Office Party Anxiety

Tips for Coping With Office Party Anxiety

Survive your next office party despite social anxiety.
Office parties can be stressful. Getty / The Image Bank / Britt Erlanson

Office party anxiety is a problem for everyone; not just those who suffer with social anxiety.

A study of British office workers revealed that nearly two thirds of employees would rather stay home than go to the holiday office party. The same percentage were anxious about making a good impression on superiors and coworkers at the office party.

Handled well, an office party is a chance to get to know your coworkers better and potentially present yourself in a good light to your boss.

Below are some tips to manage office parties when you suffer from social anxiety disorder (SAD).

Meeting New People

You will have a better time and meet more people if you are open and friendly. Even if you feel anxious, do your best to

Conversation Partners

Often it is easiest to join conversations that are already ongoing. It may also be easier to talk with spouses of coworkers, since they may not know anyone at the party and would be grateful to have someone with whom to talk.

Even if speaking with the boss makes you nervous, shake hands and say hello so that your presence is known. Prepare something in advance to say about what you are working on, and bring it up if it seems appropriate at the time. This will help you to make a better impression.

Conversation Topics

Conversation at a work party does not need to revolve solely around your work.

  • Get to know people on a personal level.
  • Ask questions and listen to what others have to say.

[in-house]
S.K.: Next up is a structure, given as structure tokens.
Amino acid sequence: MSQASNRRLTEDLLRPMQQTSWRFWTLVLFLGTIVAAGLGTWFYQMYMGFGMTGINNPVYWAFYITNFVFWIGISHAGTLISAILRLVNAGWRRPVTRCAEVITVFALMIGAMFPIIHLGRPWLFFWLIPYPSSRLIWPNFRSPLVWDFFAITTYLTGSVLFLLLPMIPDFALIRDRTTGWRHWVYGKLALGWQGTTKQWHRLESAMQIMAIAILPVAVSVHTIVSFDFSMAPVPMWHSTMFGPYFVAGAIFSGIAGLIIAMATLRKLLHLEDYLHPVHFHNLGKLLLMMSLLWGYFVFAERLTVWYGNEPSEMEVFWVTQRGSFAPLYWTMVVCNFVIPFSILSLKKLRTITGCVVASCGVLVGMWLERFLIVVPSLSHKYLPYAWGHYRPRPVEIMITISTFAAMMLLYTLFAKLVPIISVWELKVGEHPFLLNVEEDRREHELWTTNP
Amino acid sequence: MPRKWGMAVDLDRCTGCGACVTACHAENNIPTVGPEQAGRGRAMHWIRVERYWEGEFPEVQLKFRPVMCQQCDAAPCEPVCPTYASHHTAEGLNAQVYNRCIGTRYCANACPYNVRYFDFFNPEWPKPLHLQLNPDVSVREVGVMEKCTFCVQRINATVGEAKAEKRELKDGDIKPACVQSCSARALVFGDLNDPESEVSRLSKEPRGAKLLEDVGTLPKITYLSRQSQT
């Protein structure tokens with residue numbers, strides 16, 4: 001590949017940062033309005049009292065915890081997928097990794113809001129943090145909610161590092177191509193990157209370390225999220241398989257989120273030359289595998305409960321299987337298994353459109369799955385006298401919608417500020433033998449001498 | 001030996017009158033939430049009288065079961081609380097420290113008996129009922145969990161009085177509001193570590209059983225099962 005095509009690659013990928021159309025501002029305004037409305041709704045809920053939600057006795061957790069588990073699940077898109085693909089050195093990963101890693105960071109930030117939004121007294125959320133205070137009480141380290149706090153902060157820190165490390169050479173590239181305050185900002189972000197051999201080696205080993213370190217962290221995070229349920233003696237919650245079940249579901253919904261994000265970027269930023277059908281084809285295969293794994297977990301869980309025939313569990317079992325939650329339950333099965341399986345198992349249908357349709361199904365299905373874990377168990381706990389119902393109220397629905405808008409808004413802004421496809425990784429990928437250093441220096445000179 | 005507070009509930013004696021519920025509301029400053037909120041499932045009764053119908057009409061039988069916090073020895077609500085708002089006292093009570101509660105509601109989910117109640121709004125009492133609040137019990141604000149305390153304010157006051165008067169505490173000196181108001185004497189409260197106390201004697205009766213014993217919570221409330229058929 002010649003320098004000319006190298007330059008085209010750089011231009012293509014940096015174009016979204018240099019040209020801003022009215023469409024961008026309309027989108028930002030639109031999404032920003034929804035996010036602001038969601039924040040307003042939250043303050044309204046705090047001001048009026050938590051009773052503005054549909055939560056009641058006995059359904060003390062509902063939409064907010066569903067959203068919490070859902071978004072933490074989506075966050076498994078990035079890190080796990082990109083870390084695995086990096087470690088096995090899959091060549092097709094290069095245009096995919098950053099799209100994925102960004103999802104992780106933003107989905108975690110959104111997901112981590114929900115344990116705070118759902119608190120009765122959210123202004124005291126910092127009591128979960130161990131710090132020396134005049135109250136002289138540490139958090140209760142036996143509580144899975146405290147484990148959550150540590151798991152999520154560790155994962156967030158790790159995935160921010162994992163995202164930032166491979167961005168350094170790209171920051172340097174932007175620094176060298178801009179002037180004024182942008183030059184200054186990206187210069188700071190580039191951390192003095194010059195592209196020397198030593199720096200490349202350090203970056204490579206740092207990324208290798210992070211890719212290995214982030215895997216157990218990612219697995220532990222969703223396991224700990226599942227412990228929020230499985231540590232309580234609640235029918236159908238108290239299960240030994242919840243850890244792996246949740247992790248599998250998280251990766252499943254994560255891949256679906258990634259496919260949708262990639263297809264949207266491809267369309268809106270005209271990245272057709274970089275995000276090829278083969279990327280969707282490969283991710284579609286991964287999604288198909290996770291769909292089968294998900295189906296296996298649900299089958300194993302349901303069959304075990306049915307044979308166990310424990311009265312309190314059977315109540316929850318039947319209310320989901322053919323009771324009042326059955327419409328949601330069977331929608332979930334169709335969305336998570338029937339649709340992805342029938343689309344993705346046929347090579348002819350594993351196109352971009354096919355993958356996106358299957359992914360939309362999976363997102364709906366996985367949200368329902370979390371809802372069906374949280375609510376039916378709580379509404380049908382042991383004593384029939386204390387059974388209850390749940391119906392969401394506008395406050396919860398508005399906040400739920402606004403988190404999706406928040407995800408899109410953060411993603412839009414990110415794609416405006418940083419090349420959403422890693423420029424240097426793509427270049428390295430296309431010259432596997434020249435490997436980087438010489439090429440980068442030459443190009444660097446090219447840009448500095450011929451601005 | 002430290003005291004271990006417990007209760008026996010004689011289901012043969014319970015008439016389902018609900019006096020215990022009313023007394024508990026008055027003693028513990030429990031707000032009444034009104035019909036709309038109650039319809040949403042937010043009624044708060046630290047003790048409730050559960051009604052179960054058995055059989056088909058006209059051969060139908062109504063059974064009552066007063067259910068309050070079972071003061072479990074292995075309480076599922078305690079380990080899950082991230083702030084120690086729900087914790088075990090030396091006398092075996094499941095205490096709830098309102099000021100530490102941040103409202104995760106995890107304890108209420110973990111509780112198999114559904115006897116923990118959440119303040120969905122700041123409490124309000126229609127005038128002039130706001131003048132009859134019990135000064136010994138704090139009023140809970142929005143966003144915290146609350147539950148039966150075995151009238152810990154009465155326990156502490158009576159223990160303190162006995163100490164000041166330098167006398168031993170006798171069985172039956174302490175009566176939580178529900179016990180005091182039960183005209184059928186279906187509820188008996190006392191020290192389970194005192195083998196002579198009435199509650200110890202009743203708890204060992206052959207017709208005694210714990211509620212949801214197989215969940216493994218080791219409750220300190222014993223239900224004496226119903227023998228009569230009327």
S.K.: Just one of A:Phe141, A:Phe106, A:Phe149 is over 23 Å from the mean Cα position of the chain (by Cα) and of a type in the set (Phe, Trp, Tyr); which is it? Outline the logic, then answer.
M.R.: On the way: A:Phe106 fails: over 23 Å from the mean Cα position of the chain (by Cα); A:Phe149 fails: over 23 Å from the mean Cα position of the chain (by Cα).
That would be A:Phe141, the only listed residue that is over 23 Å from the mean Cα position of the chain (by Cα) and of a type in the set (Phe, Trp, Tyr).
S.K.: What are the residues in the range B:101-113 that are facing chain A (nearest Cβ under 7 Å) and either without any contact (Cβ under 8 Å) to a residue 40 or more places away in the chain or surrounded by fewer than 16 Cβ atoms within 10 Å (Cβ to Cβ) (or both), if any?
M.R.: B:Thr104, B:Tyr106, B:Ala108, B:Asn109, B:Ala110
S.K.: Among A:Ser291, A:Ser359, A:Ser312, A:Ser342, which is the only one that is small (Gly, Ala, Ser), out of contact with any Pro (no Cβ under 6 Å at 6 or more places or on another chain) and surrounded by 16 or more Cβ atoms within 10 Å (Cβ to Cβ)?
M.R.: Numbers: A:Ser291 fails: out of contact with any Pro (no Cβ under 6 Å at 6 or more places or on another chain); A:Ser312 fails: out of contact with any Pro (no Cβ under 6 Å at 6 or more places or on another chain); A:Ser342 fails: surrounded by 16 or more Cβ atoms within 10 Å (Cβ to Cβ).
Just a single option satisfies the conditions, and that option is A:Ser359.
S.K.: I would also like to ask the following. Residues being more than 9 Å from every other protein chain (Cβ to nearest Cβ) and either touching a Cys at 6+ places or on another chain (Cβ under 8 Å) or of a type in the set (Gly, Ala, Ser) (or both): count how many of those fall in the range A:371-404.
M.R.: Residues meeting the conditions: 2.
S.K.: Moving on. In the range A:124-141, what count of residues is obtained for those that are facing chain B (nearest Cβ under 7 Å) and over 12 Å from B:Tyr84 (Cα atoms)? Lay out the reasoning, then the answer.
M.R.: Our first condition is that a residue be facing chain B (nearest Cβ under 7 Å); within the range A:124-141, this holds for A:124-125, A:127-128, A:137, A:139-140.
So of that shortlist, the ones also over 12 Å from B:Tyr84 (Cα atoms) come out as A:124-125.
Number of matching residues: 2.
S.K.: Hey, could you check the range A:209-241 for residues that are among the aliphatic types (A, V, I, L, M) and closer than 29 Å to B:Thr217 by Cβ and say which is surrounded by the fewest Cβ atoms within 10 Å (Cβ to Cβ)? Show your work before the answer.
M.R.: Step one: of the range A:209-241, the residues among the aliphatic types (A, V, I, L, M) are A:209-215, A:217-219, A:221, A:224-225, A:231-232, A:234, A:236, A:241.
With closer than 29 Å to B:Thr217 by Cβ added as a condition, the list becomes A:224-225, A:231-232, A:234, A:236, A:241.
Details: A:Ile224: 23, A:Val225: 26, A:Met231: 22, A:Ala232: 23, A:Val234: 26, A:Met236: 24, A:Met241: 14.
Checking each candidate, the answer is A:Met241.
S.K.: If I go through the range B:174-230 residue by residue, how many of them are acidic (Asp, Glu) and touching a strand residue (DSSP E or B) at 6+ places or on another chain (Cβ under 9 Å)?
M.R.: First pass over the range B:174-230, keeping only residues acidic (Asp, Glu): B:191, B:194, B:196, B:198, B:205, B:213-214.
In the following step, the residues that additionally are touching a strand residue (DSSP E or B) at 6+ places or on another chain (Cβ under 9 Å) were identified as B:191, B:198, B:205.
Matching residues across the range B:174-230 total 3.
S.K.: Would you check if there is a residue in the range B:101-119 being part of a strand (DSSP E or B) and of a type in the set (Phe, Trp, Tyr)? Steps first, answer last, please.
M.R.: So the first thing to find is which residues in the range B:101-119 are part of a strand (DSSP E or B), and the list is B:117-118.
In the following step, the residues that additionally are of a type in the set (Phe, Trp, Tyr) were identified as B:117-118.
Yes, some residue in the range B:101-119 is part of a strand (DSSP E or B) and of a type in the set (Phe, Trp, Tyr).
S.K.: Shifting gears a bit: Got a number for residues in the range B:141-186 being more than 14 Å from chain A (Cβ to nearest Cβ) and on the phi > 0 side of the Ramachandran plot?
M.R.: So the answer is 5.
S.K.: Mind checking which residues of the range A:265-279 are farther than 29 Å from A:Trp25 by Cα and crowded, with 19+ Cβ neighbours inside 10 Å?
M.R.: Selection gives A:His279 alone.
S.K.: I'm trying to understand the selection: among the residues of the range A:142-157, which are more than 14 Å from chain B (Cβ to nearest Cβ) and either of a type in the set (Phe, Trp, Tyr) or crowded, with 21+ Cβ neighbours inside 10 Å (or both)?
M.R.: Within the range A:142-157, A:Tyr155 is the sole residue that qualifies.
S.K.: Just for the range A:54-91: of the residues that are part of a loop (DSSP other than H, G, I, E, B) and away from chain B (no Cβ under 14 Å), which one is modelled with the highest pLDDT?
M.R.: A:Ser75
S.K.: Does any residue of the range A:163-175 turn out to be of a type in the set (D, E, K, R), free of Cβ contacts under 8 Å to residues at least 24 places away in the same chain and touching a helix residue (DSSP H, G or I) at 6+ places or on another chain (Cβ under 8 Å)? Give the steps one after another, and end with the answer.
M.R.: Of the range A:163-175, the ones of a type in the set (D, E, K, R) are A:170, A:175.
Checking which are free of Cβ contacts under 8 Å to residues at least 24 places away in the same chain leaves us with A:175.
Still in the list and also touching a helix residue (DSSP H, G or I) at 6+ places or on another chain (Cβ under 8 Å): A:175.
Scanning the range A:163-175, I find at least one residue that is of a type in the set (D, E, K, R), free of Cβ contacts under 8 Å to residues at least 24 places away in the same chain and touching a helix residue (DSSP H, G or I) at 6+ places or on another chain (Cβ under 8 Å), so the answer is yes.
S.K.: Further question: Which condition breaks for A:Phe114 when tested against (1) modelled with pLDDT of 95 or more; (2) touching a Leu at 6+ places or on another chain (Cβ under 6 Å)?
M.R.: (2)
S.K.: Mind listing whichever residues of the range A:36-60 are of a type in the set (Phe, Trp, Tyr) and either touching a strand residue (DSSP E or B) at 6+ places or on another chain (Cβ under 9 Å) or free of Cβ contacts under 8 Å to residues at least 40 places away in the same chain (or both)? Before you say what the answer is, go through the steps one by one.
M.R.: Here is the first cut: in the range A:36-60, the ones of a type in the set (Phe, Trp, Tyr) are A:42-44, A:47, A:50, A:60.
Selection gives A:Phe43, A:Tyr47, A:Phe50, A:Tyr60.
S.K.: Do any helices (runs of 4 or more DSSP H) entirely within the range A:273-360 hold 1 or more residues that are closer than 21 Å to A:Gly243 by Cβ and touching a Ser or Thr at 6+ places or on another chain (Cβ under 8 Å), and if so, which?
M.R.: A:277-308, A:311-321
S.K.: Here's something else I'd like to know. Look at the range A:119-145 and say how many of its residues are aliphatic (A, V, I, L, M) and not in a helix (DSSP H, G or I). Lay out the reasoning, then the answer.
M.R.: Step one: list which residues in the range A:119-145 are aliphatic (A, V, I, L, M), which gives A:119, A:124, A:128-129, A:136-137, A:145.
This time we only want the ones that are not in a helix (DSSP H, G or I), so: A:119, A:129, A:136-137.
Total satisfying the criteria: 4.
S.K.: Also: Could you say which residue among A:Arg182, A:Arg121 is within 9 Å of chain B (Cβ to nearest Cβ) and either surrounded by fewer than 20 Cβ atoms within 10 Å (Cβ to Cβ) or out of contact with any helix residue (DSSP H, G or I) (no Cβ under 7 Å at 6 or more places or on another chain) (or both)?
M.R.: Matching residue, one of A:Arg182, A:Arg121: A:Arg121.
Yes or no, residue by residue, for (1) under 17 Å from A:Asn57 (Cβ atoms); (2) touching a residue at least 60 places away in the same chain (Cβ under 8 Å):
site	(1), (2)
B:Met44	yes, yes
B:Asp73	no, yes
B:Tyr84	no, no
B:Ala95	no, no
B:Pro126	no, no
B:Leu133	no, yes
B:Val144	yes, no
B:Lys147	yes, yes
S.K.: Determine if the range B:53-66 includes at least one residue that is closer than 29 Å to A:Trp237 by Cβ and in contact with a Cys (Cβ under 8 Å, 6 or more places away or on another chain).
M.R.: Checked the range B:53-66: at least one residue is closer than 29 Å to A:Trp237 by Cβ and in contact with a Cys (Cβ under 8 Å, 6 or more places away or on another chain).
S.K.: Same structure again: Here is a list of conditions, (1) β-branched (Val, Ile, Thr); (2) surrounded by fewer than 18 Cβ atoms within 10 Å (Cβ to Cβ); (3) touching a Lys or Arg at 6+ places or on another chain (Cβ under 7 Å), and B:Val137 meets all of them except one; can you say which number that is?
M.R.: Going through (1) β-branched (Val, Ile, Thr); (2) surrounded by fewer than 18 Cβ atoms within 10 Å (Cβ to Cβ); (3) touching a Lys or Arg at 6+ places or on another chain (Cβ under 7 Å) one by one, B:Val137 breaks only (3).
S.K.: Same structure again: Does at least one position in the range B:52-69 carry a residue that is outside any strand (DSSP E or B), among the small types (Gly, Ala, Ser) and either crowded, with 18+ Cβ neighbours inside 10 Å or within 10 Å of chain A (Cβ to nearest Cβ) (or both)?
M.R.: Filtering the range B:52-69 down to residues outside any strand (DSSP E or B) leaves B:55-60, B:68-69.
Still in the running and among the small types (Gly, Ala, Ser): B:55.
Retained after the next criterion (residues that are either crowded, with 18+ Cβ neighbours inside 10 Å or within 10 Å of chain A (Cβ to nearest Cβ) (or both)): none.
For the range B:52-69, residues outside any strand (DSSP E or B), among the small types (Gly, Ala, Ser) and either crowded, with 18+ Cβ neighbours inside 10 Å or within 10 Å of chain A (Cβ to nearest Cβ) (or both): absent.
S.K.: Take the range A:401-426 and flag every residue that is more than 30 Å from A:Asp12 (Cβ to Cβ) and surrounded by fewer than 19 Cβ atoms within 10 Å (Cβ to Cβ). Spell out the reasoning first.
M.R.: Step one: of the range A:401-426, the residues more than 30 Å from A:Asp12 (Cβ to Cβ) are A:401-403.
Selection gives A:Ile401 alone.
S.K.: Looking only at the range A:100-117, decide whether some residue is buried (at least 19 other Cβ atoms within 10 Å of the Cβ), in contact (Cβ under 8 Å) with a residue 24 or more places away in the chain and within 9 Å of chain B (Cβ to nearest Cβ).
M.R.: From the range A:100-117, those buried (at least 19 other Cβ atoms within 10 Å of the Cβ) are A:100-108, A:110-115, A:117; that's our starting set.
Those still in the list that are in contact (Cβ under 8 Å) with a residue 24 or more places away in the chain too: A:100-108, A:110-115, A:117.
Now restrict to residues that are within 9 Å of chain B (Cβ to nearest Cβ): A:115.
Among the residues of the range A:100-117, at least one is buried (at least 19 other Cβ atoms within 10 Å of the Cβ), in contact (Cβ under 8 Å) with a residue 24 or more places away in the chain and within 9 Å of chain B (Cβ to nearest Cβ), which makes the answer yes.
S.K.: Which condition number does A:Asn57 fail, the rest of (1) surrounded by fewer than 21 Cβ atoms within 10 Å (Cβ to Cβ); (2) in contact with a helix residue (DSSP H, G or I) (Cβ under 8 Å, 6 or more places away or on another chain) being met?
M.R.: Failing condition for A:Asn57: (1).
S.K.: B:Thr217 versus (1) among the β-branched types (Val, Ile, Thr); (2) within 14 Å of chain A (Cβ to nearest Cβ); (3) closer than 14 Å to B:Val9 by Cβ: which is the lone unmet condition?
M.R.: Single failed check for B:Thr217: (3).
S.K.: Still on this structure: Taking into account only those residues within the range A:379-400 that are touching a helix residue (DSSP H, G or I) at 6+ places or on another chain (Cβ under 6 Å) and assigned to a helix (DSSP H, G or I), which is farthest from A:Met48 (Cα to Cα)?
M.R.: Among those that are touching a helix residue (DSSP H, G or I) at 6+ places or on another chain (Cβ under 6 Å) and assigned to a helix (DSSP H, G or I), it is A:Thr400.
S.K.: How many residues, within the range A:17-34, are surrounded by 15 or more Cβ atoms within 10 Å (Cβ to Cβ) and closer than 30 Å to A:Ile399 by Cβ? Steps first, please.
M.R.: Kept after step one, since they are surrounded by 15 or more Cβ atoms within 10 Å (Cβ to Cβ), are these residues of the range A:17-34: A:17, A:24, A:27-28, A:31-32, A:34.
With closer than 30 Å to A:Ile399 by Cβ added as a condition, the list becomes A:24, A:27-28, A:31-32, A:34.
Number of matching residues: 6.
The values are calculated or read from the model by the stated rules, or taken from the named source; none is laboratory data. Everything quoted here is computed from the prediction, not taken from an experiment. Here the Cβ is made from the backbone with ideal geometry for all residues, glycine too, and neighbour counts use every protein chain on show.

• Brush up on current events, and have a couple of jokes memorized just in case.
  • Give sincere compliments and avoid spreading office gossip.

Office Party Faux Pas

Yes, there are some things you absolutely should avoid at the office party:

  • Backing out at the last minute. The biggest mistake that you could make at the office party is to not show up. Treat the party as a work function and force yourself to go even if you are anxious.
  • Avoiding everyone. Don't sit alone all night or you will send the message that you don't want to get involved. If you are simply too anxious to mingle, volunteer for a job at the party to keep you busy and interacting with others.
  • Drinking too much. Don't drink too much. Those with SAD are at risk for using alcohol as a means of coping with social anxiety. If you do drink, get something to eat and alternate alcoholic drinks with non-alcoholic drinks.

Party Denouement

Continue the conversations that you started during the office party afterwards, to develop personal relationships with coworkers.

Immediately after the party, make some notes.

  • Write down names of spouses and children.
  • Make note of interests and hobbies

Then, follow-up with conversations or emails that show you remembered important details about others. Even just sending a link to an article that someone may be interested in shows that you were listening.

It can be hard to deal with the social obligations of work when you suffer with SAD. These are some simple tips for coping with office parties.

If your social anxiety is severe and you have not yet sought help, a professional diagnosis and treatment such as medication or cognitive-behavioral therapy (CBT) may be in order.


Dukcevich, D. Office party survival guide

Ryerson University. Surviving your office party

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